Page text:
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Simon Murphy: The critical issues for UK equities after interest rate rises

Is it the beginning of the end of what has been good equities rally, or will patience be rewarded?

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It has been a frustrating year for UK equity investors. Just when the world economy seemed to be getting back on an even keel, equity market returns have gone sideways. Is it the beginning of the end of what has been good rally, or will patience be rewarded, as has happened so often in the past?

In our view, it will be the latter. We believe we are in a typical mid-cycle lull, similar to 2004 and 1994. After a couple of strong years, as we had in 2012 and 2013, the equity market will tend to pause before making further gains. The inflection point is usually, as now, when investors start to think about a change in monetary policy. With debates currently taking place in the UK and US as to when a tightening of interest rates will take place, there is understandable concern over whether economic growth will remain on course.

In respect to interest rates, the current historic lows are unlikely to hold indefinitely, and there is no reason that they should. Rates were pushed to these levels to cope with the aftermath of the financial crisis. It was a severe event and it has taken many years to work our way out of it. The authorities need to look forward. But even as economic growth settles in and we see a more positive environment ahead, there seems little to no urgency to raise interest rates, either in the UK or the US.

In the UK, whilst economic growth has picked up sharply, inflation is subdued, helped lower by a strong pound. There is no sign of a credit boom, and macro-prudential tools are likely to play a more important part in the UK housing market in the future than interest rates alone. Similar conditions prevail in the US, though the property market there is generally more subdued. 

As investors become more comfortable with the view that interest rates will rise slowly and gently, other factors will come back into focus. In our view, there will then be two critical issues, corporate confidence and valuations.

On the first point, corporate behaviour will be critical to determining the strength and duration of the economic recovery given the relatively difficult financial positions of governments and, to a lesser extent, consumers. We know that companies are making good profits at the moment. We know they got cash, and a lot of it, on their balance sheets. What we need to see is the confidence among senior management to spend that money sensibly. We are starting to see early signs of that happening: for example, the amount of merger and acquisition activity is starting to pick up, both in the UK and the US. That is usually a good sign that management are confident about the future. We are starting to see better job creation. We have not seen a material pick-up in business investment yet, in terms of capital expenditure, such as plant and machinery, but to my mind that is coming as capacity is increasingly squeezed.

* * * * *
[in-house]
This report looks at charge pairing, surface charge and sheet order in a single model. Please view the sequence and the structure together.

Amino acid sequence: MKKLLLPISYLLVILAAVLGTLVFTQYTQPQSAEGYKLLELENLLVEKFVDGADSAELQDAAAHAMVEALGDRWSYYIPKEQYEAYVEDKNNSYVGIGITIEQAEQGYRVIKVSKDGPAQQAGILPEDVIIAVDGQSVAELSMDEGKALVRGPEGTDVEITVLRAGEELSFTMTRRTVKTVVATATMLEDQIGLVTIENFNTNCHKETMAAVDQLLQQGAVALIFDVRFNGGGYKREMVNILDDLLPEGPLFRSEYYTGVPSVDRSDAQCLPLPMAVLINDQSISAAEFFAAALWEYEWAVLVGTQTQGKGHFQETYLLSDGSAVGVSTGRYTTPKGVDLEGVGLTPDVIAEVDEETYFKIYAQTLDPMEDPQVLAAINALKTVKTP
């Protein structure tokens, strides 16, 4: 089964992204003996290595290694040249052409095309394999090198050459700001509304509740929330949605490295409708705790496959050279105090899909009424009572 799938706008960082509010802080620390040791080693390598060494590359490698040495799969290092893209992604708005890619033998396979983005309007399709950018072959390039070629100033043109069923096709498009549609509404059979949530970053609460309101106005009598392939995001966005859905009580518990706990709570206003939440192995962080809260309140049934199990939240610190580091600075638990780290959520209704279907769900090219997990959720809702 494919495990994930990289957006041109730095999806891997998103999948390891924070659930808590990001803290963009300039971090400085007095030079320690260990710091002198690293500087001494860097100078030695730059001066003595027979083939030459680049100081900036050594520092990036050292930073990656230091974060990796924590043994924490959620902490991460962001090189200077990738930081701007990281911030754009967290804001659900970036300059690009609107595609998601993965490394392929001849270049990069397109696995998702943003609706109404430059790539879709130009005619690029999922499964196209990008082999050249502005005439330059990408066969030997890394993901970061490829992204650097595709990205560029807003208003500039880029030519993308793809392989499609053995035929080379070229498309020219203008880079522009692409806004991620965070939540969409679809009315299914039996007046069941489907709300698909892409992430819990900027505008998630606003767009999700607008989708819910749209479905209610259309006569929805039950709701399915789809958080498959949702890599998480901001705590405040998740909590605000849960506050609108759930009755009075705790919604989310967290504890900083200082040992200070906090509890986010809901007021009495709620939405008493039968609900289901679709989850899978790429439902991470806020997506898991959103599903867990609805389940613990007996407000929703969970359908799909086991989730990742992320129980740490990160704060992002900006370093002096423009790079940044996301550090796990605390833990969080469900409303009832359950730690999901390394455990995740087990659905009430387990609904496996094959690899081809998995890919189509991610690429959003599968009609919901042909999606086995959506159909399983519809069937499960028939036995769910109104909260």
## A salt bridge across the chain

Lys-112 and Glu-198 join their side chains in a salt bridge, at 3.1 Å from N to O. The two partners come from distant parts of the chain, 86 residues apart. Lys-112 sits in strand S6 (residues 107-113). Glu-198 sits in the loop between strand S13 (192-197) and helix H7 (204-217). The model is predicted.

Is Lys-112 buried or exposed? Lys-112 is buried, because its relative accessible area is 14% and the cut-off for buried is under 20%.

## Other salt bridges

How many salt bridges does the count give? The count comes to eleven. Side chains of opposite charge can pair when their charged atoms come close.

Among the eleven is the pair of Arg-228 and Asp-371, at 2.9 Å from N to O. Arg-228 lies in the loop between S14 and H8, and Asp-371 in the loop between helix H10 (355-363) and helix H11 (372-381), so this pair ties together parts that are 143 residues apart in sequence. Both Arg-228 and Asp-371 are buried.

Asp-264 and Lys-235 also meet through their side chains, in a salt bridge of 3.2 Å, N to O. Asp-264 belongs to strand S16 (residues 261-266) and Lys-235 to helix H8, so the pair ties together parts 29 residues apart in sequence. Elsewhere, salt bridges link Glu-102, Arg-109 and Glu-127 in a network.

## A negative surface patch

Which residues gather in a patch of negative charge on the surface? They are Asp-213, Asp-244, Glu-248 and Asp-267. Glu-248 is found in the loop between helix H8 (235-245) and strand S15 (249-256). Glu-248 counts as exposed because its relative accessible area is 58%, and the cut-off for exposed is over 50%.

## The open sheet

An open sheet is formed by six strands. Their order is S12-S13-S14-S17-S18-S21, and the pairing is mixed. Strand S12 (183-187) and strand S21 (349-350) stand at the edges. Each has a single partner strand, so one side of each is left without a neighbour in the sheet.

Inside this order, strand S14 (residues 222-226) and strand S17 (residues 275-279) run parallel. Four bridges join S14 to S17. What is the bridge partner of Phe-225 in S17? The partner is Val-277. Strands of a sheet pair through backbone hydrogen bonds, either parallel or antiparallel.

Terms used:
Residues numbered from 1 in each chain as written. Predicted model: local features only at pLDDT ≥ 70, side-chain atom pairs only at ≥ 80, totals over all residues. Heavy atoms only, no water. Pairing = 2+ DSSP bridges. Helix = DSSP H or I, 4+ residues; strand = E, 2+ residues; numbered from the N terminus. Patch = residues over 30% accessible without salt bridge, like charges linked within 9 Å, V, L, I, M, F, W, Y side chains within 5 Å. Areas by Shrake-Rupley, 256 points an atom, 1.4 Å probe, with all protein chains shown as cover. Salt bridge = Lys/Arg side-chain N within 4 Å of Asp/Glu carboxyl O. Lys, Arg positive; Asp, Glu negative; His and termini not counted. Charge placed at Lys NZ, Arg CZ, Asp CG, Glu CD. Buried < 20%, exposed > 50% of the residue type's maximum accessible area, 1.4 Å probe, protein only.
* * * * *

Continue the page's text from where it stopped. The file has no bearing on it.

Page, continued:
On the second point, valuations in the equity market also look reasonable, particularly in comparison with other competing asset classes, and this too is likely to provide a positive impetus to the equity market in due course. Looking forward, the price to earnings ratio is around 14 times, a sensible level on any medium-term basis. Whilst the market has made good progress over the last few years, this is still a reasonable starting valuation point, and if the economic expansion persists there should be good earnings growth to support future equity market returns.

There is much to be optimistic about for the next two to three years. However it has been a volatile first nine months of the year and that volatility may persist for a while yet. Once investors become confident of a continuing economic recovery, even with gradually rising interest rates, a combination of reasonable valuations and earnings growth should support further upward progress for the UK equity market. 

Simon Murphy is manager of the Old Mutual UK Equity Fund

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  1. It looks like the realism shown by Mr Woodford and his responsibility taken for and on behalf of his investors . ..may yet have an effect on the Unethical Trading of Banks – left to their own devices by the FCA ! Now that would be a market working – rather than a coven or corruption working together removing choice – removing competition which is the current case in Banking and Insurance and their covert operations .

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